Denise Shaw takes eggs from a female cutthroat trout for distribution to the Numana Hatchery.Denise Shaw takes eggs from a female cutthroat trout for distribution to the Numana Hatchery.

A fish eye view of hatchery personnel selecting fish to spawn.A fish eye view of hatchery personnel selecting fish to spawn.

Hatcheries

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Lake Operations

Lake Ops also serves the important function of spawning Lahontan cutthroat trout (LCT) for each year’s production.  The Lake Operations Facility (Lake Ops) is located in Sutcliffe, NV on the western shore of Pyramid Lake.  Lake operations, constructed in 1980, is primarily an acclimation facility.  Pyramid Lake is the source of water for Lake Ops with an intake pipeline that runs east into Pyramid Lake that takes cold water from a depth of 50 feet.  The LCT are reared in freshwater in the hatcheries; they are then acclimated to the more saline and alkaline lake water before being released into Pyramid Lake.   After being reared to a minimum size of 4 inches, Cutthroat trout are transferred to Lake Ops for acclimation and stocking in the fall when water temperatures on the shore are cool enough for trout survival.  Research shows fish stocked at this size can transfer from a diet of hatchery pellets to invertebrates at this stage for optimum survival.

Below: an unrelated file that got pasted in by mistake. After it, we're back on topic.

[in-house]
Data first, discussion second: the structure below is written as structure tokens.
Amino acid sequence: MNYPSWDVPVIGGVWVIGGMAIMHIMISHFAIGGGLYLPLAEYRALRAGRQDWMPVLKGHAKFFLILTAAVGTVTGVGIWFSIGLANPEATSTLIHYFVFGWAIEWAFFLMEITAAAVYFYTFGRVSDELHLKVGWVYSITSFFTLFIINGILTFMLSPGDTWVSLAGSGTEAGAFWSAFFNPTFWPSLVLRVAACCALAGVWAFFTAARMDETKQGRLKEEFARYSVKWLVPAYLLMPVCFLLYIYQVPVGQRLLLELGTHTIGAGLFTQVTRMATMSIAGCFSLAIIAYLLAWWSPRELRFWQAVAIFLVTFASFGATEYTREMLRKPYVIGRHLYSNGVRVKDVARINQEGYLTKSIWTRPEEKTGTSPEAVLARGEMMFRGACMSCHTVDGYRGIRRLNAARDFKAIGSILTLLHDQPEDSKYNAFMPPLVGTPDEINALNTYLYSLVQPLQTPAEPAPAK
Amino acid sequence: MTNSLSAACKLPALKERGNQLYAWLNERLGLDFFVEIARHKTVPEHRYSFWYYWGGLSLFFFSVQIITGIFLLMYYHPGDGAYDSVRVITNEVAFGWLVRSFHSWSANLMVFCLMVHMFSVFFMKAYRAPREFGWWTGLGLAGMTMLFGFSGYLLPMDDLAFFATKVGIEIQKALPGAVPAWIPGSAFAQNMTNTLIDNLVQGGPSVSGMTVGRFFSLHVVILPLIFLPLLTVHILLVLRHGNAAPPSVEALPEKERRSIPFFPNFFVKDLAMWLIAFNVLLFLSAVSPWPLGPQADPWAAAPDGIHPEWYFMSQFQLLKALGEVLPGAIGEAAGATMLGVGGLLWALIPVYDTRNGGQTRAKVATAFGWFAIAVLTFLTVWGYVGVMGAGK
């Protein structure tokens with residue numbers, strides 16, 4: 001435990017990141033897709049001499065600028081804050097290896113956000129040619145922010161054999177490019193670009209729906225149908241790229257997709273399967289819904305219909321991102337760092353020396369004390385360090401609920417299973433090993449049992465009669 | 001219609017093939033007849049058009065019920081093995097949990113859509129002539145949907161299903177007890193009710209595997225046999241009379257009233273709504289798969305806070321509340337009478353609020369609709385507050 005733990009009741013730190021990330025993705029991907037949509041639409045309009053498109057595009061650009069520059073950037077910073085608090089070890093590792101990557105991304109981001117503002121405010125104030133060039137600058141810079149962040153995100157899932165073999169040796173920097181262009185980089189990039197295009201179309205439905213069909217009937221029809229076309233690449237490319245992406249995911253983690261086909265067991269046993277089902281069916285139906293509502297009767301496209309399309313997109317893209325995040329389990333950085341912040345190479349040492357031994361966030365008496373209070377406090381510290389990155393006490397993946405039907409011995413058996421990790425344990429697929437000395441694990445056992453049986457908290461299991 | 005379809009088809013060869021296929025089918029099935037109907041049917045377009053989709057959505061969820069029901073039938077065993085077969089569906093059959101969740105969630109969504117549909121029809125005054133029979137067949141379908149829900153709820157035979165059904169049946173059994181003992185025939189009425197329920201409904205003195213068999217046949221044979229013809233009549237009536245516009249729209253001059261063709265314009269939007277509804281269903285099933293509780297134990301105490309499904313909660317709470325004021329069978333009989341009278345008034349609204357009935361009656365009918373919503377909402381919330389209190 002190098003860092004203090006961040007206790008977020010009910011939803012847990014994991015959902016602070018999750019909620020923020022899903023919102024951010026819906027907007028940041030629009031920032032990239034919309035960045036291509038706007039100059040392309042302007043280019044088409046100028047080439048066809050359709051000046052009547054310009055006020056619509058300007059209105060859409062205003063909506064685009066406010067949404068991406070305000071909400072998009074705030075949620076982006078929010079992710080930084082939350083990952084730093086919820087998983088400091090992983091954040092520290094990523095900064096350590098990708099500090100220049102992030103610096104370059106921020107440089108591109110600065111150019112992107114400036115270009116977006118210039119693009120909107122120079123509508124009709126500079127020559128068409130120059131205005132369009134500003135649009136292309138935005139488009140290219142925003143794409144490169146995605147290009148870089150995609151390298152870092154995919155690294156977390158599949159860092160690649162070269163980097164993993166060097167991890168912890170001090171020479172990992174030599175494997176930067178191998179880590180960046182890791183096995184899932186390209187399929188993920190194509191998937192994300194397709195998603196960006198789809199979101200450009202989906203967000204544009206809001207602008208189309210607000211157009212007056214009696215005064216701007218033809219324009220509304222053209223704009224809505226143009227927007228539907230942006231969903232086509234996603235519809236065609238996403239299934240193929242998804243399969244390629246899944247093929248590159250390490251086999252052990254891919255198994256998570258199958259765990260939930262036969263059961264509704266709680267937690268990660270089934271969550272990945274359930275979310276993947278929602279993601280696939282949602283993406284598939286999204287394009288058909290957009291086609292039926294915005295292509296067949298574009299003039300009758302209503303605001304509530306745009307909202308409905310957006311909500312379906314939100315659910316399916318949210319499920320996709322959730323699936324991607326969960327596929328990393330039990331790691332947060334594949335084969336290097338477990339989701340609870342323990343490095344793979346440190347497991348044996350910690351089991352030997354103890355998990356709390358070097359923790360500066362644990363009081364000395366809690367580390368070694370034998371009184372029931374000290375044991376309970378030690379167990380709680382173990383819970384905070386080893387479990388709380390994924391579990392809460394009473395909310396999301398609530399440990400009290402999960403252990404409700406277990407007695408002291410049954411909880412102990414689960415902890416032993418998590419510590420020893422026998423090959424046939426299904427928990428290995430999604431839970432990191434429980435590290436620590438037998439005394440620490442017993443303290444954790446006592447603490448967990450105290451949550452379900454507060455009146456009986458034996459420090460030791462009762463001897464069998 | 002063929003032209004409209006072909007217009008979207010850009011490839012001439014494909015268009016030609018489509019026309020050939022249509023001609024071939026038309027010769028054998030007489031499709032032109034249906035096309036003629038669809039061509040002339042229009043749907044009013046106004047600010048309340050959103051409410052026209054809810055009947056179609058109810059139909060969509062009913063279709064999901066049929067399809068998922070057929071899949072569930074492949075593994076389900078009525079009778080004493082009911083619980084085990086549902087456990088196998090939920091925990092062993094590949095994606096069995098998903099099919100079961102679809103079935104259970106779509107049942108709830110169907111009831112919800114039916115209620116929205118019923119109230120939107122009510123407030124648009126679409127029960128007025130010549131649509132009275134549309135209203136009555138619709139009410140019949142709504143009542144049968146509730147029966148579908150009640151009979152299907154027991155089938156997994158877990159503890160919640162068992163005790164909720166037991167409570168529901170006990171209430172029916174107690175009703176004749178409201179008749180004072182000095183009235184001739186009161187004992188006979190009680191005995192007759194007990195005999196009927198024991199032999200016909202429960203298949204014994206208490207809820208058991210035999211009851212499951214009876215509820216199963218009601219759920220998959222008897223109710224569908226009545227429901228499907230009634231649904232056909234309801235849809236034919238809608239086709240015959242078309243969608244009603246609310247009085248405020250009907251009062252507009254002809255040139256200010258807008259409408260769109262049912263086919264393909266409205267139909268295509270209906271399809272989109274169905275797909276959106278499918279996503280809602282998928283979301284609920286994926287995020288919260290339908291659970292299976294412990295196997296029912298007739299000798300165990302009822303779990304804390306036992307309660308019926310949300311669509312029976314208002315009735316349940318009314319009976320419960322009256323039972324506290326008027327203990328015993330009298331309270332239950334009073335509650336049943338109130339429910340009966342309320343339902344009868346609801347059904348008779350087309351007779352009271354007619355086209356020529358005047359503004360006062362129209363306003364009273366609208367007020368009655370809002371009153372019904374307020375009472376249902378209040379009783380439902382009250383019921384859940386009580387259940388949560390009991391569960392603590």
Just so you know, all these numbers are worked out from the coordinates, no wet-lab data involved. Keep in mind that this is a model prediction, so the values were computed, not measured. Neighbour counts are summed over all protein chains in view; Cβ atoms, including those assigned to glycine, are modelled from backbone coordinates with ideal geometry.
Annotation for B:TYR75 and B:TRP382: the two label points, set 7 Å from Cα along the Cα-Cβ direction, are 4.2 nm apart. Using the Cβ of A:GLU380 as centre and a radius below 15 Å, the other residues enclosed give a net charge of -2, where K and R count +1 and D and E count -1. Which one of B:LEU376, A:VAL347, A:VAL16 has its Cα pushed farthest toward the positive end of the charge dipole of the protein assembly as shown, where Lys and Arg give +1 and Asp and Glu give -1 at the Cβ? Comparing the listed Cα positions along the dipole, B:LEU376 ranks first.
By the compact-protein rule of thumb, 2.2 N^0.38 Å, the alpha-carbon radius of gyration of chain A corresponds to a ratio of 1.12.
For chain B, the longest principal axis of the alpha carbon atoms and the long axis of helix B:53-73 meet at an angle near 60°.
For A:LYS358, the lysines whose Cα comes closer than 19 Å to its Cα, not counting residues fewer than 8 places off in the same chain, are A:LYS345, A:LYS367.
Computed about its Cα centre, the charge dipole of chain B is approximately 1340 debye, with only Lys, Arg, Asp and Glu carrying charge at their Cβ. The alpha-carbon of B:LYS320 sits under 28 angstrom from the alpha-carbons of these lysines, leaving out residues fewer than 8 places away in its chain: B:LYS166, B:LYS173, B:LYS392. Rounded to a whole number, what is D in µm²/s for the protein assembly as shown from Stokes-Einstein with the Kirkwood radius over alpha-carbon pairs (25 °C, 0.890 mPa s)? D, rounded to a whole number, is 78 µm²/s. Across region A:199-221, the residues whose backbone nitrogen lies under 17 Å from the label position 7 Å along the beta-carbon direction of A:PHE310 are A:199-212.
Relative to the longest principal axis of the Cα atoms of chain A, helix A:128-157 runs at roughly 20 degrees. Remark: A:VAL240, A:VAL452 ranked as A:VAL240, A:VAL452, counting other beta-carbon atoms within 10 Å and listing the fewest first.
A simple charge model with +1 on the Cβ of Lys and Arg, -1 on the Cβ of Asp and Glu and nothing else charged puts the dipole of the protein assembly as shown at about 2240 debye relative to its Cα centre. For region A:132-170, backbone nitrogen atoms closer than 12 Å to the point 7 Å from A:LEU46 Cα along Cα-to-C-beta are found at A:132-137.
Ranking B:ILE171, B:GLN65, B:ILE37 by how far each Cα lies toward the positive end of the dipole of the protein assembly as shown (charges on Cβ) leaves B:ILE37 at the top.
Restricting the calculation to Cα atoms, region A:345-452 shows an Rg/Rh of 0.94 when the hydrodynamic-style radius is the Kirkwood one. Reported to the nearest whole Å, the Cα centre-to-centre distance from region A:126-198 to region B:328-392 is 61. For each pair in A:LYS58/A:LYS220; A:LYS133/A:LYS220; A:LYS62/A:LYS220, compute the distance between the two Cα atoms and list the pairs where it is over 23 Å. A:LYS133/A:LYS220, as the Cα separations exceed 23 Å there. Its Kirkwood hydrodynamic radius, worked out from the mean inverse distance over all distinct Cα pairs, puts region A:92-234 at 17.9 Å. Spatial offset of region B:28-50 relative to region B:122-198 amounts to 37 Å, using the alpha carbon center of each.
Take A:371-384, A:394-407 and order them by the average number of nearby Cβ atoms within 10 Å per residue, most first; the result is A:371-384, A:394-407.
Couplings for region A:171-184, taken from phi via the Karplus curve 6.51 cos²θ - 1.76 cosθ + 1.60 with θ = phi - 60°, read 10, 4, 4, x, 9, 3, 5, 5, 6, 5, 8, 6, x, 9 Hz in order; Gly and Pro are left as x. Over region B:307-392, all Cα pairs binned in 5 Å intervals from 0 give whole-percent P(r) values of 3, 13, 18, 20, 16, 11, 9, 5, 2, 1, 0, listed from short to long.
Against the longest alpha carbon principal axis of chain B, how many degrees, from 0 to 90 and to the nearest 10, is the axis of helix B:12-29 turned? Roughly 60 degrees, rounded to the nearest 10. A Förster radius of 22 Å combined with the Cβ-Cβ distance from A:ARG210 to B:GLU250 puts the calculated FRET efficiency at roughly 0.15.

In March, yearling cutthroat are placed into circular tanks.  The outflow from these tanks is diverted down a spawning channel to the lake.  Mature fish key on the scent of the juvenile, “attraction” fish and ascend the spawning channel where they can be sorted for spawning.  This is the high point of the year and a main attraction for visitors.  The fish entering the spawning channel are sorted by sex and maturity.  Weekly spawns take place from early April through May until the annual production goal is met.  On a normal year, Pyramid Lake Fisheries will take up to 1.5 million eggs and rear 800,000 to 1 million trout for release.